Firm Success Stories
ATTORNEY MELISSA SMALLACOMBE SECURES ANOTHER DEFENSE VERDICT IN A PERSONAL INJURY CASE WHERE PLAINTIFF WAS SEEKING OVER A MILLION DOLLARS IN DAMAGES
Newly Admitted BSMH Attorney Heather Pollock’s First Summary Judgment Win Dismissing Complaint!!
PETER SCOLAMIERO OBTAINS ANOTHER DEFENSE VERDICT AT TRIAL – THIS TIME INVOLVING A CLAIM OF LOSS OF SEPULCHER
- ATTORNEY MELISSA SMALLACOMBE SECURES ANOTHER DEFENSE VERDICT IN A PERSONAL INJURY CASE WHERE PLAINTIFF WAS SEEKING OVER A MILLION DOLLARS IN DAMAGES
Current Case Law
Admitted to practice before the Courts of:
- New York
- Various United States District Courts
- United States Court of Appeals for the Second Circuit
- United States Supreme Court.
Category Archives: Current Case Law
NEW YORK RULING CURTAILS CONTRACTORS ADDITIONAL INSURED COVERAGE The Court of Appeals, New York’s highest court, ruled this week that a common insurance policy endorsement extends coverage to additional insureds only when an injury is proximately caused by the named … Continue reading
The abundance of information accessible on social media websites has dramatically changed the way personal injury litigators investigate and try cases. Social media content plays a critical role during discovery and at trial. Therefore, litigators need to demand that any … Continue reading
The number of people utilizing social media continues to explode. The most recent statistics reported Facebook as having 1 billion active users. In light of the information being posted and communicated online, social media is a potential treasure trove for … Continue reading
Court of Appeals clarification to 1104(b) and reckless disregard standard will make defense of cases more difficult for municipalities.
The Court of Appeals determines when the ordinary negligence or reckless disregard standards apply to emergency vehicles. In its February 17, 2011 decision in Kabir v County of Monroe, the Court of Appeals altered the landscape of liability for emergency … Continue reading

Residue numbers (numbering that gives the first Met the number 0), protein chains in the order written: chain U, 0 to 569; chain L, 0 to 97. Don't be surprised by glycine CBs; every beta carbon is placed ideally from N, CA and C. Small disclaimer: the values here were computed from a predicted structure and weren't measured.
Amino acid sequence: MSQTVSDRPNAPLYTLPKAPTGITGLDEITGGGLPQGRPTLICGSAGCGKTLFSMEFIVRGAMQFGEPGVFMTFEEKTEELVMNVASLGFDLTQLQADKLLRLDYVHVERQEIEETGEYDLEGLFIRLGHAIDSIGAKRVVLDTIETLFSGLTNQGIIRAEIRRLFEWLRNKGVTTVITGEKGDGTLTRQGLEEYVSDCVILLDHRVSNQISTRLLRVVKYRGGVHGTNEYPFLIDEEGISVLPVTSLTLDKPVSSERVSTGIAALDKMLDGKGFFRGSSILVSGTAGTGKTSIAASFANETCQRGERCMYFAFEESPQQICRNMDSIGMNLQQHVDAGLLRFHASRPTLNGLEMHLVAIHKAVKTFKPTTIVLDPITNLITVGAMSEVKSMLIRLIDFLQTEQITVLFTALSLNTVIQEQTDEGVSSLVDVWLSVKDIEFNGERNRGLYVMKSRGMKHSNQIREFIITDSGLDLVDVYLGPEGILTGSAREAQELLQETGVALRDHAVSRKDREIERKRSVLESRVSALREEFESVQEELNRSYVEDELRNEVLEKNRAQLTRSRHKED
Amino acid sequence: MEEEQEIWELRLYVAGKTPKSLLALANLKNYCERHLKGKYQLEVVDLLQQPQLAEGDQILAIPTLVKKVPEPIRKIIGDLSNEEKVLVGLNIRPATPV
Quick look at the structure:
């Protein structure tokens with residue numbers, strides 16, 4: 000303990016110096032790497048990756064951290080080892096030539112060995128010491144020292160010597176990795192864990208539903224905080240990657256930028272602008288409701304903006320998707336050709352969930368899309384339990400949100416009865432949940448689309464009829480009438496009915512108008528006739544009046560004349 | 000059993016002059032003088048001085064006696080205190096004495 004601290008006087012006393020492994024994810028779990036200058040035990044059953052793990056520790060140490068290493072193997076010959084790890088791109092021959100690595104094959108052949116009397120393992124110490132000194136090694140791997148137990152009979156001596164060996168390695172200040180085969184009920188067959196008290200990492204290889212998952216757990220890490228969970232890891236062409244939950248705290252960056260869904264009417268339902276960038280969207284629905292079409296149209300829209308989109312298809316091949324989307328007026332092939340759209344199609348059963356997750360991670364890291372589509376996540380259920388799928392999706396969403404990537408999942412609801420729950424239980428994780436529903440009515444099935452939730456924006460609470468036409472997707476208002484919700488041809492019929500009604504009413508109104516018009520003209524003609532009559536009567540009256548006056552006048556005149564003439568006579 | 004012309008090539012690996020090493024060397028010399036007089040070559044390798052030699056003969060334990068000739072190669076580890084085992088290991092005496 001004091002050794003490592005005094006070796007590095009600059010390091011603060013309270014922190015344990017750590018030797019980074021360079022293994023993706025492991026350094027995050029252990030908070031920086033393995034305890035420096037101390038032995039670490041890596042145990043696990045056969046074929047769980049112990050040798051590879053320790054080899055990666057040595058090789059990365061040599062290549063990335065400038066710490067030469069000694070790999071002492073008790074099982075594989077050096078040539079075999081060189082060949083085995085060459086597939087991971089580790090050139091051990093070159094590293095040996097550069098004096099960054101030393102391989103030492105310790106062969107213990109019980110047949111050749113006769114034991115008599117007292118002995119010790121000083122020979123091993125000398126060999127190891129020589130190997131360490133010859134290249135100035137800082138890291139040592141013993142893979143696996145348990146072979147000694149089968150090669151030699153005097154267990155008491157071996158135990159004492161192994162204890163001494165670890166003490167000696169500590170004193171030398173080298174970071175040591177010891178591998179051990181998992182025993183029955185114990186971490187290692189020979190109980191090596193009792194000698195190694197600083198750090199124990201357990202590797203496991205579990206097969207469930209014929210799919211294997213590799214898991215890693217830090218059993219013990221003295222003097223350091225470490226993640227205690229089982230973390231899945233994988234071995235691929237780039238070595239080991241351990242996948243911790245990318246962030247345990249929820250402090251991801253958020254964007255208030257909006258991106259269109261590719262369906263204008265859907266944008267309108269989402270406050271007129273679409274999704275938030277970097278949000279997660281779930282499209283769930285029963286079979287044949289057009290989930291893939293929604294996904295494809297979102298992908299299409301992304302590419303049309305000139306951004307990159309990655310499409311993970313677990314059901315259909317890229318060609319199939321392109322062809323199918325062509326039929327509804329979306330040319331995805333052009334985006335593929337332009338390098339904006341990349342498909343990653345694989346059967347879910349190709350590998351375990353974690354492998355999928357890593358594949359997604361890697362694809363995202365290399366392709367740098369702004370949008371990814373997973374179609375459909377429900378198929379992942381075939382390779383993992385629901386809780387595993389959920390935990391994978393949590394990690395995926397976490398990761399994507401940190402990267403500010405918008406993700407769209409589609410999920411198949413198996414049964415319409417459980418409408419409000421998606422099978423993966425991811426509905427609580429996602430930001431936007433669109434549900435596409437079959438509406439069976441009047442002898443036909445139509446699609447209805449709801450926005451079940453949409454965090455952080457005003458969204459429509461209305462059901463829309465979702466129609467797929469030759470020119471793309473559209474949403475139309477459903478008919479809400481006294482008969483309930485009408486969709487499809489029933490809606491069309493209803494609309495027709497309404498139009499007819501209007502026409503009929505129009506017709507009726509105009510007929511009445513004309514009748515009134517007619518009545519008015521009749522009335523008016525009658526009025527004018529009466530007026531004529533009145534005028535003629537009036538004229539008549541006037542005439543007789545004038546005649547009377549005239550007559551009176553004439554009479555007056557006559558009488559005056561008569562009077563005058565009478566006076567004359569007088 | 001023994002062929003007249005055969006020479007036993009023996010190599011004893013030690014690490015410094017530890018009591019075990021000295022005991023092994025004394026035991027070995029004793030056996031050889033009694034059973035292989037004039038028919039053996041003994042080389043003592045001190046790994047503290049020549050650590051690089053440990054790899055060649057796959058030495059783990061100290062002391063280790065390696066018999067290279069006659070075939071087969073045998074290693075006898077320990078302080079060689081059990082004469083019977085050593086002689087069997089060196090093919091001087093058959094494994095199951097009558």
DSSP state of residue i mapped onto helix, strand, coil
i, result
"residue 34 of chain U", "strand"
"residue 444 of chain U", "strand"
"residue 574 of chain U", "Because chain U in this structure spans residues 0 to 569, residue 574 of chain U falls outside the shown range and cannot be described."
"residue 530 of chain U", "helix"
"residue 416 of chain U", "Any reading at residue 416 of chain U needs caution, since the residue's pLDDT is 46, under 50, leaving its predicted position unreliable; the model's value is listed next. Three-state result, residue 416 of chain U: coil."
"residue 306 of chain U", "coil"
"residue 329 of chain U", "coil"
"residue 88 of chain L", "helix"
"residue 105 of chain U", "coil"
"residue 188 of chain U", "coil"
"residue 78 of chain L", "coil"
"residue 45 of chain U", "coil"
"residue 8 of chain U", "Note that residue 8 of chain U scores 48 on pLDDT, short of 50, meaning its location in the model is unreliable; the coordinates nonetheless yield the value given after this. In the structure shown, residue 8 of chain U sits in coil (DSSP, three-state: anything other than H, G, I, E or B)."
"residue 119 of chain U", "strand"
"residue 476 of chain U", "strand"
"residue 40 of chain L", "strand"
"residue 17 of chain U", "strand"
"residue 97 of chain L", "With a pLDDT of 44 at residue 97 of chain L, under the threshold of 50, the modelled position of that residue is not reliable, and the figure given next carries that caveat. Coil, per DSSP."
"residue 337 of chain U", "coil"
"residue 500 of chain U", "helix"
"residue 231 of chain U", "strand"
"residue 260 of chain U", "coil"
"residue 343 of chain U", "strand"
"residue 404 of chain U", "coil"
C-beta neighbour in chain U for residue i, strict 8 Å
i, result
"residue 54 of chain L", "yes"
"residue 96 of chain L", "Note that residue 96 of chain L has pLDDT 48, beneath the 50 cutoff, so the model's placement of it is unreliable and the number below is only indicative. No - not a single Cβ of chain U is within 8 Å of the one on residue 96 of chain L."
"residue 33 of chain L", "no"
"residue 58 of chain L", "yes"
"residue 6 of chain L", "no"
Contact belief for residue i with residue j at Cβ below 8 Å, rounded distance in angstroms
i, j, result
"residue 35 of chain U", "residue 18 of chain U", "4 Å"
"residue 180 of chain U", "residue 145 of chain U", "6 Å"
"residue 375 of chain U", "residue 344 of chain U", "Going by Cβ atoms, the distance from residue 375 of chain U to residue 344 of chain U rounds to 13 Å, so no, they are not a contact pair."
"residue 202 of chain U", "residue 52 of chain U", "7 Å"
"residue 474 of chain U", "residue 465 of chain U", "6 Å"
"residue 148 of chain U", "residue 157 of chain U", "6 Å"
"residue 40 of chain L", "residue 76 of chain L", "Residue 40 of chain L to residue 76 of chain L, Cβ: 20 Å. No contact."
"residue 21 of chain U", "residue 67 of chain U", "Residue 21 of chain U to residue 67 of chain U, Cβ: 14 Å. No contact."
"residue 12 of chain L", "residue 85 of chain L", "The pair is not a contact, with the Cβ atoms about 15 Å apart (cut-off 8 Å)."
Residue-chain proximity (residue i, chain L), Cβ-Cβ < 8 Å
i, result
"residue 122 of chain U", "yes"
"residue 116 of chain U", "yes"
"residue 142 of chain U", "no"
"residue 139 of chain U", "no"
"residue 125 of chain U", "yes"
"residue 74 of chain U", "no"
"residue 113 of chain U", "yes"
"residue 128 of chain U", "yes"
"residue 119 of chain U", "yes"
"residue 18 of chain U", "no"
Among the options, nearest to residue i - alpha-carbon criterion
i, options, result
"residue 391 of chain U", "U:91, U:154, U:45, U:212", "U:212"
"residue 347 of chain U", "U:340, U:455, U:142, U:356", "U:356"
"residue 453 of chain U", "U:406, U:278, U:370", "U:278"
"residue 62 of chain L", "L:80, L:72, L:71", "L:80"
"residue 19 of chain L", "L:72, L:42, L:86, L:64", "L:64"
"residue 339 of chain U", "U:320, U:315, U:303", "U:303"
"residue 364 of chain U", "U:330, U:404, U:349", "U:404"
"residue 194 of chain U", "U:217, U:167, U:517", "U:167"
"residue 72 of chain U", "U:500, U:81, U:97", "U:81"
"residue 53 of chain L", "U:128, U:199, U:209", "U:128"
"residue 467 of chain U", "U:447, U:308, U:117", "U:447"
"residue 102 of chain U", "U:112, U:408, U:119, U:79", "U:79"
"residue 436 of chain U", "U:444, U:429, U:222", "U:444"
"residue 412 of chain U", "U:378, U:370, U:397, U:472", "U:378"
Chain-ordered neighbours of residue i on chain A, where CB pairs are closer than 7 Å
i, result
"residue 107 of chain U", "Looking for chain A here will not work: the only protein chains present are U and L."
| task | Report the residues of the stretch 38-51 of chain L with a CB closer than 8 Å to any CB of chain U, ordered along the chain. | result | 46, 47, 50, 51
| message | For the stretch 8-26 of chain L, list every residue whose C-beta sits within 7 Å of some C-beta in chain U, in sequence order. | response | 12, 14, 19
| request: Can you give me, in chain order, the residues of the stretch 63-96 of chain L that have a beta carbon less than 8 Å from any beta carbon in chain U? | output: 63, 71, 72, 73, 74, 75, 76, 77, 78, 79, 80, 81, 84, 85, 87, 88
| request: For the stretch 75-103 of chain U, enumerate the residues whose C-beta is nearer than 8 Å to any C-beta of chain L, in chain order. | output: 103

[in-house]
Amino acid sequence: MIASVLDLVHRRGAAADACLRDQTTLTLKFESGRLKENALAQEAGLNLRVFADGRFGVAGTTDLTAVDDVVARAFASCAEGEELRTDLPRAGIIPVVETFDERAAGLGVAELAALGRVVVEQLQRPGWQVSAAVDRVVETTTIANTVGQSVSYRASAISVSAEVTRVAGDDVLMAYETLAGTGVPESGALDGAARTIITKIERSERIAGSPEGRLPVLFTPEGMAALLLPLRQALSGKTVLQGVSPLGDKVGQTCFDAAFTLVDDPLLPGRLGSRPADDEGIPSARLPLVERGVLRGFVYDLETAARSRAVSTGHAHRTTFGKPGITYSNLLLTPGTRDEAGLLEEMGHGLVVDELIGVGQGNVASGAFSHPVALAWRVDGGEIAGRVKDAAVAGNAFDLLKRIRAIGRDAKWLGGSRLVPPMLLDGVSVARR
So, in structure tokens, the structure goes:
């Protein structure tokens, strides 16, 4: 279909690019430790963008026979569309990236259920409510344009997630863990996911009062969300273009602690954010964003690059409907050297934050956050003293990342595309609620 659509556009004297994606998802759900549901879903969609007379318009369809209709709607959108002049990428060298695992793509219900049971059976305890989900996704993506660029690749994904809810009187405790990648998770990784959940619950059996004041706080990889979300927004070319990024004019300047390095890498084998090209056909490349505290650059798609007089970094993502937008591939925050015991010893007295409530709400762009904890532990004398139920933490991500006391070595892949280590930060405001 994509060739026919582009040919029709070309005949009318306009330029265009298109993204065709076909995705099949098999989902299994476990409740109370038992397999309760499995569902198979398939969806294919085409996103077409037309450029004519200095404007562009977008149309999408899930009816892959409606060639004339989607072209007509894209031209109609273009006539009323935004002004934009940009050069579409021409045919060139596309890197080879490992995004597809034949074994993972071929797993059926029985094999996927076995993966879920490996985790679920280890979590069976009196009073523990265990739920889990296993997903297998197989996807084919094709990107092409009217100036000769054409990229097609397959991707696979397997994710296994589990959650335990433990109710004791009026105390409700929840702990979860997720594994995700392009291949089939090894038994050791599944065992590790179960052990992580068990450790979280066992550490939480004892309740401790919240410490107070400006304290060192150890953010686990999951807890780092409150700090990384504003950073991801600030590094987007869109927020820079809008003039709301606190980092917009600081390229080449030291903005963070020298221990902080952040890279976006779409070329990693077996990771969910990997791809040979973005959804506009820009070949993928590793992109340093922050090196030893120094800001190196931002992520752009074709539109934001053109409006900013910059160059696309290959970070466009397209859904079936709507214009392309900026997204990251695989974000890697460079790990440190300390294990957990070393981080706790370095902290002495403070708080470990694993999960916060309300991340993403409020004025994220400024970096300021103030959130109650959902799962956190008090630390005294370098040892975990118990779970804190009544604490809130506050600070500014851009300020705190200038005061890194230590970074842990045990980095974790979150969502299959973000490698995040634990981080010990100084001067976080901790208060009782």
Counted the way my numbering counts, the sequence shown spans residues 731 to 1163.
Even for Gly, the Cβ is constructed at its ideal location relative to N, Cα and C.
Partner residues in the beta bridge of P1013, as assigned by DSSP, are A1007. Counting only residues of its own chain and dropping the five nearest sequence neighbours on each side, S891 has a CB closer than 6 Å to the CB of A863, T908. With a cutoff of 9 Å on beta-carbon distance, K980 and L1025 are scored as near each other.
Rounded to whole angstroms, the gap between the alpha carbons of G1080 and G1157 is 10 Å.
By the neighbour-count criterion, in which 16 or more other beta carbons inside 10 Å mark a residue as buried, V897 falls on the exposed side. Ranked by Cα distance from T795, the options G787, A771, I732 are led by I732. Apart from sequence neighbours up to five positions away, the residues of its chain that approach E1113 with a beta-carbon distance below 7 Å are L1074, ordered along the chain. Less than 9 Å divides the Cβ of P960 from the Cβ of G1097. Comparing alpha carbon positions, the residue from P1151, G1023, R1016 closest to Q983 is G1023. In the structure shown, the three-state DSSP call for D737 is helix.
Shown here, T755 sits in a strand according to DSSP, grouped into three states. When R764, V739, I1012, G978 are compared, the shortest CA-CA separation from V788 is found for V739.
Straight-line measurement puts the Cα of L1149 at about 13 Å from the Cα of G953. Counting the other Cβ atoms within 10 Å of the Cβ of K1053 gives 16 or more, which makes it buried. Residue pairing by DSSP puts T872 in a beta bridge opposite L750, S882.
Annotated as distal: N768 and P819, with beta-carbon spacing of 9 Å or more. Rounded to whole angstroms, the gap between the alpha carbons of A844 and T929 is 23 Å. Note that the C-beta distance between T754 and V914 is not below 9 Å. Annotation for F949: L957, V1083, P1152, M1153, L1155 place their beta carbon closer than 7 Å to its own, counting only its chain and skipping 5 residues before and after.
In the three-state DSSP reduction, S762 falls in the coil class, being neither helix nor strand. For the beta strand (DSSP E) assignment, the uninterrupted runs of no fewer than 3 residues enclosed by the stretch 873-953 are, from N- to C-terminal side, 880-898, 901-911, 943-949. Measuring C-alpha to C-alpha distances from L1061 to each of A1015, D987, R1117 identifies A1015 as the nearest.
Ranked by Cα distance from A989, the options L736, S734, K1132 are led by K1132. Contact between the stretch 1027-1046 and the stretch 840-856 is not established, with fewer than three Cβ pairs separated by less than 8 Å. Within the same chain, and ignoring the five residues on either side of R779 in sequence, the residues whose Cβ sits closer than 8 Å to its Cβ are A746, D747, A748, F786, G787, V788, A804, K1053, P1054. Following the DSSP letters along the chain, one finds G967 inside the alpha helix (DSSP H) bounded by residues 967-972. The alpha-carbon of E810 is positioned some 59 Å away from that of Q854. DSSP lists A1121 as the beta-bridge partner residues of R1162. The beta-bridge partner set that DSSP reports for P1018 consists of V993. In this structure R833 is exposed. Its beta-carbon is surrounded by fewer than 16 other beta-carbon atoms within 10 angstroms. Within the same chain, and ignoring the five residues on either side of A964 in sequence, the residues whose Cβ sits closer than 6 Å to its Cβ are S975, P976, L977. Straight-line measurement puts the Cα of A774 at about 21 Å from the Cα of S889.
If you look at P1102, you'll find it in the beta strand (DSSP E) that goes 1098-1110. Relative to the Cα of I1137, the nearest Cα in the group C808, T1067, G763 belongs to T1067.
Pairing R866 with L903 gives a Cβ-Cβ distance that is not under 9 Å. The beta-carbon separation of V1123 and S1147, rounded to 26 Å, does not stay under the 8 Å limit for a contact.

Court of Appeals looks at “nexus” between owner and plaintiff in Labor Law Section 240(1) case: Abbatiello v. Lancaster Studio Assoc.
On July 1, 2004, the New York State Court of Appeals decided Abbatiello v. Lancaster Studio Assoc. 2004 WL 1472625. In that matter, a cable technician alleged a Labor Law Section 240(1) claim against a property owner as a result … Continue reading
By Gerald D. D’Amelia, Jr., Esq. A previous Defense Update discussed the application of the “open and obvious” defense. In doing so, the article distinguished the application of the theory as a complete defense versus the application of the theory … Continue reading
Court of Appeals refuses to strictly interpret Labor Law Section 240(1) in Striegel v. Hillcrest Heights Development Corp
By Terése Burke Wolff, Esq. On October 21, 2003, the Court of Appeals decided Striegel v. Hillcrest Heights Development Corp., 2003 WL 22387625. In that matter, plaintiff was installing felt and shingles on a roof. As plaintiff was walking on … Continue reading
By Gerald D. D’Amelia, Jr., Esq. The fact that a condition is open and obvious may be a viable defense to a premises liability claim. However, case law has distinguished between the duty to maintain and the duty to warn. … Continue reading
By: Terése Burke Wolff Esq. On February 13, 2003, the Court of Appeals decided the case of Pecker Iron Works of New York v. Travelers. Pecker Iron Works retained Upfront Enterprises (also referred to herein as “Upfront”) on a construction … Continue reading
By Terése Burke Wolff, Esq. In 1996, the Omnibus Workers’ Compensation Reform Act amended Section 11 of the New York Workers’ Compensation Law, thereby restricting third?party contribution claims against employers. Ibarra v. Equipment Control, Inc., 707 N.Y.S.2d 208, 2000 N.Y. … Continue reading